By Gary Schwartz, VP Product Marketing, Confirmit
Purchases, repeat visits, length of call time….? Many companies track Key Performance Indicators (KPIs) to monitor the successes and failures within the business – including customer satisfaction and churn rates – but the data produced only tells you what has happened and nothing about the underlying drivers of these trends.
The CRM industry is based on examining historical purchase behavior in order to unlock the secrets and predict purchase behavior but more often than not, however, repeat purchases are simply a function of lack of other choices.
Recent debates about measuring loyalty have been based on the identifying the number of NetPromoters a company has.
The Net Promoter Score was invented by Fred Reichheld of Bain & Company as 'the one number you need' in order to predict business growth. He solidified this premise in his book 'The Ultimate Question', with the theory that willingness to put one's reputation on the line is the most meaningful defininition of customer loyalty. That may or may not be the case.
Reichfeld points to data correlating the NPS to revenue growth of a set of companies. The growth data was for the years 1999 – 2002, while the responses to the recommendation question were collected at the tail end of that period.
Is the score actually predictive or the result of good growth? Is there a confusion between causality and the predictive nature of the metric? Why are so many business leaders willing to deploy this metric across their businesses?
Reichfeld argues that it is the single number that senior managers need to track in order to understand the direction their business is moving. The idea of a 'silver bullet' is no doubt seductive – it simplifies customer research (if no other questions are truly required) and therefore the costs.
It creates fantastic focus for senior management and also line management. It's also seen as something of a change management tool: businesses that adopt it are generally more customer focused that those who don't or may be they are more customer focused than they were prior to adopting it.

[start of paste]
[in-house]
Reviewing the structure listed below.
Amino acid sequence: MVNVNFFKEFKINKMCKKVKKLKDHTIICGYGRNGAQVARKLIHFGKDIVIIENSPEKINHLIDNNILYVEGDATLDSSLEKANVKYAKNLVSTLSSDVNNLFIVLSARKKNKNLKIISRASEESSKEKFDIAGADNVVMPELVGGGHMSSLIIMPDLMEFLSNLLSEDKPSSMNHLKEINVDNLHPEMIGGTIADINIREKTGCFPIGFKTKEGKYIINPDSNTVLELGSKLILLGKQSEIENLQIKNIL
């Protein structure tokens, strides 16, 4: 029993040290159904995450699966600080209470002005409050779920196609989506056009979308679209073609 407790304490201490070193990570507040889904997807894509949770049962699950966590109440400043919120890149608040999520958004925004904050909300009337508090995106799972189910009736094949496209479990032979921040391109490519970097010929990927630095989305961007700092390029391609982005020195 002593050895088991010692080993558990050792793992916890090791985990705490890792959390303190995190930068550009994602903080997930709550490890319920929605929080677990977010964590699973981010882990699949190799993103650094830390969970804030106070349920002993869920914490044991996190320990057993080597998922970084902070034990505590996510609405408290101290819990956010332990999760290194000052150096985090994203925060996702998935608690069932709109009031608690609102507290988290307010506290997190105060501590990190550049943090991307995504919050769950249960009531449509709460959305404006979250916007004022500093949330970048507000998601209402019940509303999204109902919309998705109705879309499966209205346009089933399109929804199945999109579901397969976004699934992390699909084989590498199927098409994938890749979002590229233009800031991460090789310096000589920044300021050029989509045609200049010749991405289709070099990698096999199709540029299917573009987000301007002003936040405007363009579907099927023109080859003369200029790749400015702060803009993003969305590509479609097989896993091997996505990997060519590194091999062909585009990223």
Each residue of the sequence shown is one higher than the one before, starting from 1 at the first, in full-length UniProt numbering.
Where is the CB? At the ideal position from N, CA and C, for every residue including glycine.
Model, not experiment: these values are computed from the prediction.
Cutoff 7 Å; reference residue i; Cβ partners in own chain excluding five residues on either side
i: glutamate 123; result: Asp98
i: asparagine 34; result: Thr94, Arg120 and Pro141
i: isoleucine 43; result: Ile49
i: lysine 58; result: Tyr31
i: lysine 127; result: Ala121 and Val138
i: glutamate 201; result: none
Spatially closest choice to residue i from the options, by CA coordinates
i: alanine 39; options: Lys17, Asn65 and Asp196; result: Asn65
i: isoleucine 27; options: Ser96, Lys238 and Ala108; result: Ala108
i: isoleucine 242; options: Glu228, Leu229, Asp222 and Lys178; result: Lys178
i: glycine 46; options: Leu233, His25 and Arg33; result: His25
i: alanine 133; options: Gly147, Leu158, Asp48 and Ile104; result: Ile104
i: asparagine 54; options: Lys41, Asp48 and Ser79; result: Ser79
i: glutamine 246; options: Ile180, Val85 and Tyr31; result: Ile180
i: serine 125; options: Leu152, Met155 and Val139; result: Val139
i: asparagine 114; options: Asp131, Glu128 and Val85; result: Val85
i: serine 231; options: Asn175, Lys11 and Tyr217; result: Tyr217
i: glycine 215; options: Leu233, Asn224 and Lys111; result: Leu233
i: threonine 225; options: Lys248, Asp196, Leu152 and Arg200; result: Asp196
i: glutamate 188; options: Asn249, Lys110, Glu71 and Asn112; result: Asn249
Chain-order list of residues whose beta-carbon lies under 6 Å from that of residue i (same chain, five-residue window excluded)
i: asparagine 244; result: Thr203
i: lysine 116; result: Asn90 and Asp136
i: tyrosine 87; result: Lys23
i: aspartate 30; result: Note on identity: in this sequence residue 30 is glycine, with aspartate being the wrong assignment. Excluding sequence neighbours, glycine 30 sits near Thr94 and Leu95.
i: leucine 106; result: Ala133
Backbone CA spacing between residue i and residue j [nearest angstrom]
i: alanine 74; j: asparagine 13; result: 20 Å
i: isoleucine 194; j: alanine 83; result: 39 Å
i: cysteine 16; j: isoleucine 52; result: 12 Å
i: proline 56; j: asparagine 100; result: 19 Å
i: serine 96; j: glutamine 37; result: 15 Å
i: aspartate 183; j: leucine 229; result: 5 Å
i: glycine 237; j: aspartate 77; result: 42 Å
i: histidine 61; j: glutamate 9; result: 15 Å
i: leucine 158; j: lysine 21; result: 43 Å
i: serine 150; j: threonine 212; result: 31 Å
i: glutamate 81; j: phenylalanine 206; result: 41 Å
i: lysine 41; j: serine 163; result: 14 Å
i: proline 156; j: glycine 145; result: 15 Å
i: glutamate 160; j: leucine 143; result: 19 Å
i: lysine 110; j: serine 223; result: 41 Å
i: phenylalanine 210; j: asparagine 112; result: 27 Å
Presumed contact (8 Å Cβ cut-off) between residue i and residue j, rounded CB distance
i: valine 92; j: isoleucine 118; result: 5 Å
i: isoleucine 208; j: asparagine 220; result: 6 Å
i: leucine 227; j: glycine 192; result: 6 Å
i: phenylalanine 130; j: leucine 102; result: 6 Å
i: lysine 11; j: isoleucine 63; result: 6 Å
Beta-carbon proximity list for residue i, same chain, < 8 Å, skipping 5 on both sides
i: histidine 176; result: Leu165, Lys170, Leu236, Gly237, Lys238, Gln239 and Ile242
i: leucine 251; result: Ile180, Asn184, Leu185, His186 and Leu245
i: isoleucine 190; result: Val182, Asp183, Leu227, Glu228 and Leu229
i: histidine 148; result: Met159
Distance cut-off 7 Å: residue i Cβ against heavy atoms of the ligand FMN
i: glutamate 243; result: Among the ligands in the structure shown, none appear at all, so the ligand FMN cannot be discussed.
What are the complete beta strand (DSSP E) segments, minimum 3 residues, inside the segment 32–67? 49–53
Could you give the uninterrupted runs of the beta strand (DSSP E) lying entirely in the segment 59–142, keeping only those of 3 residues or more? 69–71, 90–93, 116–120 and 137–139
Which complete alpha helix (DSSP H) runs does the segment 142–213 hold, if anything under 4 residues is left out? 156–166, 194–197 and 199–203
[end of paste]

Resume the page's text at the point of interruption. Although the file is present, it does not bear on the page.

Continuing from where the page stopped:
It's obvious good to be customer focused but that does that not necessarily mean that the metric is predictive of company performance. Taken as a periodic pulse check, the score – an estimate of referral activity on behalf of a product or service – is at best a temperature check.
For businesses to benefit from asking the question, they must ask it continuously. Rather than an annual or even quarterly examination, the question must be posed as a part of a continuous business improvement program. The reason for that is that in order to understand how to improve the score, the answer must be placed into proper context. And you don't know the customer if you ask a customer out of the blue.
The posing of the question should be triggered as closely to a customer's experience with the business to understand how that experience colours the temperature reading. This means that businesses must consider the most important points of the customer experience, the key 'moments of truth' and create a means to automatically ask the question as closely as possible to each customer's experience at those moments of truth.
Businesses must also monitor it continuously. A change in the attitude of the customer base will foretell a change in the company's foretunes, unless the company catches it in time to intervene. And in the cases where customers express such dissatisfaction that there's no way they'd advocate the product, shouldn't that be alerted to customer care in order to turn that customer around?
Is there really such a thing as the Ultimate Question that needs to be asked to improve company performance? I think it’s more properly called the Penultimate Question.
Businesses need to ask a few more questions – specific to the experience that triggers the questioning – in order to understand the rationale behind the answer to the question, and in order to make the measurement actionable within the business.
Why are people advocates? Why would they refuse? Are there any external events that correlate to the response? Are your most profitable customers advocates? Are your most loyal customers advocates?
Are there any trends or correlations of the answer to these questions among specific customer segments that allow the business to act on the score rather than simply measure it?
Well-designed Enterprise Feedback Management technology gives businesses the means to capture customer feedback in the course of automated business processes. As a part of that process, the technology must deliver alerts to those within the business who have the power to fix things, as well as dashboard reports to those who require the bigger picture.
This turns the Net Promoter Score into actionable insight that keeps business performance right on course. Isn’t that the ultimate answer?
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